Wednesday, 31 October 2012

Mediation Charity Chair retires after over 12 years of service

After over twelve years of supporting the establishment of community mediation across Eastbourne and Wealden, Mediation Plus Chair of Trustees, John Gallop, stood down at the charity’s AGM this week (October 29th) having seen the service through a very challenging period of change.

John used his last annual report to the meeting to highlight how the organisation has survived funding cuts and a financial deficit and was now looking forward to further positive developments over the next few years. John told the meeting:

“Over the past two years my report has highlighted the adverse effects that the economic recession has had upon both our community and the charitable sector and our sources of funding remain just as hard to attract. Clearly we are not out of the woods yet and Mediation Plus is still operating under difficult circumstances but, despite these difficulties, the service has survived and is already developing new strategies to assist in ensuring that this situation continues.”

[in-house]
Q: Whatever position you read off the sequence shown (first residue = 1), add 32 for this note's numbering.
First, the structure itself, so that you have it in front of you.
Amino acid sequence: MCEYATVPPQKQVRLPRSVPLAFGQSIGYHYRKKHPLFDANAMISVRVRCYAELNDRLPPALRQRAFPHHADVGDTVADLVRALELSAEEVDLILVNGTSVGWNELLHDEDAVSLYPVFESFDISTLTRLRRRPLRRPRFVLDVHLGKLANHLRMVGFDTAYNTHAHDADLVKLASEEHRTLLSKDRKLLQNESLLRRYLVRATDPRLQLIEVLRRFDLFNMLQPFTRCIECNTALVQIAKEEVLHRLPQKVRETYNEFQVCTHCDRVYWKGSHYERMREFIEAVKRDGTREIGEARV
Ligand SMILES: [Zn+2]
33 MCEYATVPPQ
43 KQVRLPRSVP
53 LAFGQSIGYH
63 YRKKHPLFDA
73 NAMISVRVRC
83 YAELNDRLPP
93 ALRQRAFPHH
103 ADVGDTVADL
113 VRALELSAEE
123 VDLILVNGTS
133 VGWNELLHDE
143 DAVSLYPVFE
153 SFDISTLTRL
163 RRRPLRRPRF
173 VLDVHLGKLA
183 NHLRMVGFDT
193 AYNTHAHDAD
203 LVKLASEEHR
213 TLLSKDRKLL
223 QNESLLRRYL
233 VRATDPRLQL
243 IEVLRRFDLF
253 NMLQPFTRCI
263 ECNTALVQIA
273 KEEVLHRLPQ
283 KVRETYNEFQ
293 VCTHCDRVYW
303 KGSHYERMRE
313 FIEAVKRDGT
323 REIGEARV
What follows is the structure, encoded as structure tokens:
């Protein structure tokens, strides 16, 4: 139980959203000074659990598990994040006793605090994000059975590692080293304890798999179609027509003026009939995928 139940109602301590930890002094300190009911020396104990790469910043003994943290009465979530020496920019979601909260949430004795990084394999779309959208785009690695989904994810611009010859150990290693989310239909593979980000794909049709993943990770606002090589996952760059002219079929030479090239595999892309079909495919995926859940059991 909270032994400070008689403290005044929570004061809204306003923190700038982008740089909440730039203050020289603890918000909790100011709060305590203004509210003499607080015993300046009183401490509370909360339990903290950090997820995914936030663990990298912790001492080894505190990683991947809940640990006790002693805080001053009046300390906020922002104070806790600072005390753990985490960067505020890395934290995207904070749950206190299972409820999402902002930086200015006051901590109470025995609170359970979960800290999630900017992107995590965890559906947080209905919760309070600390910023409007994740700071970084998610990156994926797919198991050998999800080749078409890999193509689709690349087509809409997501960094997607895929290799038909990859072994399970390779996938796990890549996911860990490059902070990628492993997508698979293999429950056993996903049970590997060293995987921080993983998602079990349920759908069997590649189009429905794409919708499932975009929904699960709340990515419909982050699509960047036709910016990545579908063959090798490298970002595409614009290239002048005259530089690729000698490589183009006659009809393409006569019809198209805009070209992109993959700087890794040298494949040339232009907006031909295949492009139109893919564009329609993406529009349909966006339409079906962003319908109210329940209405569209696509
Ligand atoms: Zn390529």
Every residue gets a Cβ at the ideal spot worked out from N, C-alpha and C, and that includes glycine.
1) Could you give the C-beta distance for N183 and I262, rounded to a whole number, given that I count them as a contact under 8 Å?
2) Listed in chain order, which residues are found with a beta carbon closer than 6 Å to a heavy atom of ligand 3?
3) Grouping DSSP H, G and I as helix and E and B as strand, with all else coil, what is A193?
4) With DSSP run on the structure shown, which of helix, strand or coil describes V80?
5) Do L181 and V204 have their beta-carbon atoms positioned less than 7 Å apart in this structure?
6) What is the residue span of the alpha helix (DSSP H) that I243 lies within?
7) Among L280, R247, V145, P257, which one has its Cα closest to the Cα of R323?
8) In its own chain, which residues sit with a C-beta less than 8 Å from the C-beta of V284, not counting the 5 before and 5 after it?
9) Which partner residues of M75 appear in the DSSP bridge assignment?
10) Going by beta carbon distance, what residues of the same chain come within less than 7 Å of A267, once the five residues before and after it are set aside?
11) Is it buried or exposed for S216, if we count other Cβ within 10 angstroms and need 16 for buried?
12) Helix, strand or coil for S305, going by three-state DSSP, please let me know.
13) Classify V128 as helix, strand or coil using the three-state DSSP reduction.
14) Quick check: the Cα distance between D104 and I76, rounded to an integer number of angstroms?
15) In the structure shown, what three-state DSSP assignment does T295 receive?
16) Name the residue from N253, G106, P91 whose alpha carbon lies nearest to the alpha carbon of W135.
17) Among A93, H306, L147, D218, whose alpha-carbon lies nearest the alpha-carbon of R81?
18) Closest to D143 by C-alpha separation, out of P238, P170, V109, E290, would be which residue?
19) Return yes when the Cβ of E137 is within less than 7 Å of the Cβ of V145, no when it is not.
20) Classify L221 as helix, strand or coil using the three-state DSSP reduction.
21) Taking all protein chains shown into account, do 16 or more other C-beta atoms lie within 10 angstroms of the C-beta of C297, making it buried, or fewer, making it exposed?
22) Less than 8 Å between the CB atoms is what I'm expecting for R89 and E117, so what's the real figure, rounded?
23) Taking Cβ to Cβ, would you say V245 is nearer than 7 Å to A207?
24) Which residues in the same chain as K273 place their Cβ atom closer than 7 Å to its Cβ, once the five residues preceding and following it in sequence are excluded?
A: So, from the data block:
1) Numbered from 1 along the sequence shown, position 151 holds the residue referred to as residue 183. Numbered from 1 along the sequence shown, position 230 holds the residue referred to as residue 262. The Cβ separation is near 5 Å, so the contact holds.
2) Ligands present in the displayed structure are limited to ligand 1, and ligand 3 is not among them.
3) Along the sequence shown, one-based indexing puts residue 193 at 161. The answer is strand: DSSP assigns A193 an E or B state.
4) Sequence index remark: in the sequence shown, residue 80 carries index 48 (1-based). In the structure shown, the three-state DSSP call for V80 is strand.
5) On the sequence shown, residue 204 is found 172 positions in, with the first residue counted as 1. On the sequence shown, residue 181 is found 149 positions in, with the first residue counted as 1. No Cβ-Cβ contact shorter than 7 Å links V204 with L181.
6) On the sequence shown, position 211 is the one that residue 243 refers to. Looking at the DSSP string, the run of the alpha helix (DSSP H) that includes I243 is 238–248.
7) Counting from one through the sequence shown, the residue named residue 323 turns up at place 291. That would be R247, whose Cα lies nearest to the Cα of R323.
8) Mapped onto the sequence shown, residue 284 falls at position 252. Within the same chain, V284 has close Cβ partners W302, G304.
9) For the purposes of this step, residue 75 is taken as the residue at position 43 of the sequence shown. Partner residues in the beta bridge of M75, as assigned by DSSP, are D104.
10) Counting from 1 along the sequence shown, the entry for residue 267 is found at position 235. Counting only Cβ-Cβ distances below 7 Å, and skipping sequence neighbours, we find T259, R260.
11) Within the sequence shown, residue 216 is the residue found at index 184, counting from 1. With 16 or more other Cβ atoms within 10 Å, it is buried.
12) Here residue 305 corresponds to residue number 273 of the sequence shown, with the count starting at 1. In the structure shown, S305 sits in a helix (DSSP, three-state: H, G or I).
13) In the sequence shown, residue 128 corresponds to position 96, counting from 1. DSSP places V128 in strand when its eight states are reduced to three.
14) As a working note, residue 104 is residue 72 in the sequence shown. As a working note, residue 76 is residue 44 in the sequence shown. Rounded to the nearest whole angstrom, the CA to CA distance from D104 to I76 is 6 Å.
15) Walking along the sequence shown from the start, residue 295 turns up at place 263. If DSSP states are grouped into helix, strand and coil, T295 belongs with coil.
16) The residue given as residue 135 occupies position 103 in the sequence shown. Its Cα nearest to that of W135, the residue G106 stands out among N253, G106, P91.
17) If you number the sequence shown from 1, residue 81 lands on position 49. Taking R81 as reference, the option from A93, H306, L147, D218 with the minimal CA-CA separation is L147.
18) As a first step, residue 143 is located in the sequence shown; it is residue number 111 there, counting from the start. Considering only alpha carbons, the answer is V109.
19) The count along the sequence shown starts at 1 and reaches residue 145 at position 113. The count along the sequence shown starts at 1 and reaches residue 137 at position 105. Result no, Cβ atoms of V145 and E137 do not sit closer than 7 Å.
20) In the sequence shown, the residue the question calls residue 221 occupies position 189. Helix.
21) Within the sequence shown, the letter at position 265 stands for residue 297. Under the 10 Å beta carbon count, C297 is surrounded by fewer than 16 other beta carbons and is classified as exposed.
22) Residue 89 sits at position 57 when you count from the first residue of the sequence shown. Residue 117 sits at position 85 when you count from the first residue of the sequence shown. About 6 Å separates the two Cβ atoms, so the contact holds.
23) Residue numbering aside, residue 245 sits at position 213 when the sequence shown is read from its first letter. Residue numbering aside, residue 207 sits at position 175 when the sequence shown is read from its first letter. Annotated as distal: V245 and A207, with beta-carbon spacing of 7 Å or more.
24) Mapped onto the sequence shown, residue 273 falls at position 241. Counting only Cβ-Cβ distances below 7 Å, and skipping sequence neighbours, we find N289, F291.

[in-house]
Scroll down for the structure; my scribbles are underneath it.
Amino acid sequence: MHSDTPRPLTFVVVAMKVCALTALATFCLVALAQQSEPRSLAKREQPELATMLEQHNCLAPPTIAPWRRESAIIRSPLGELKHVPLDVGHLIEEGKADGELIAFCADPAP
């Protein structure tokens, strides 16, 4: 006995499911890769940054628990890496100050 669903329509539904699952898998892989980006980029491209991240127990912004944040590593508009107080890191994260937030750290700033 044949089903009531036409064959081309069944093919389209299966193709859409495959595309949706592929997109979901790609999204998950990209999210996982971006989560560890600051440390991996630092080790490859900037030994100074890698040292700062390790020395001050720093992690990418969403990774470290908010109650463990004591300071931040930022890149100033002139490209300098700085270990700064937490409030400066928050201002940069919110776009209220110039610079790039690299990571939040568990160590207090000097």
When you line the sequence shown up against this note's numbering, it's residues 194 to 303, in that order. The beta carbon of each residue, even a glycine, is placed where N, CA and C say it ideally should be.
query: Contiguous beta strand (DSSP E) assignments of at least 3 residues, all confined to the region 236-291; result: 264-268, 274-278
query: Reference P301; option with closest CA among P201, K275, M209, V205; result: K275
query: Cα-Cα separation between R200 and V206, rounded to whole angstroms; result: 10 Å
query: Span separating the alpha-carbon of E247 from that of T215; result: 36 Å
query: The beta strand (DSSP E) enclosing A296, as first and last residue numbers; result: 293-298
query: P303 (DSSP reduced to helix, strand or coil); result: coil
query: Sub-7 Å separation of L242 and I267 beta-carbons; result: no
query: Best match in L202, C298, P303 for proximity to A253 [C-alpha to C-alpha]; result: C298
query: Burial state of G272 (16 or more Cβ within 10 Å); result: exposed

John was instrumental in helping to set up the original pilot local mediation project in Hailsham in 1999, and has been Chair of Trustees for Mediation Plus since it was formed in 2006 by the merger of Eastbourne Community and Wealden Independent Mediation Services.

Explaining how he became involved, John said “My interest in mediation grew from my work at the time in pollution control at Wealden District Council. We were dealing with many complaints and neighbour disputes which we recognised could be better resolved by getting people talking to each other. Some people find it more difficult to talk openly if the Council is involved. So with the help of a government grant and the assistance of several other bodies, including the local Police, Social Services and the CAB, we set up an independent mediation service.”

The meeting saw the election of a new Board of six Trustees to guide the service over the next year as it continues to develop new ways of delivering mediation and conflict resolution services in the area. The charity has just been successful in a bid to run its first pilot outreach Community Mediation Skills Training course, where local residents from a deprived area will be trained to help mediate disputes in their local community.

John concluded “I should like to extend my thanks and gratitude, on behalf of my fellow Trustees, to all of the volunteer mediators, without whom there would be no service. I have witnessed Mediation Plus go from strength to strength. With the arrival of a number of excellent new Trustees this year, and in the knowledge that we have such wonderful staff at the helm, I am satisfied that the service will remain in good hands.”

Monday, 24 September 2012

NHS Survey Reveals Greater Trust in Mediation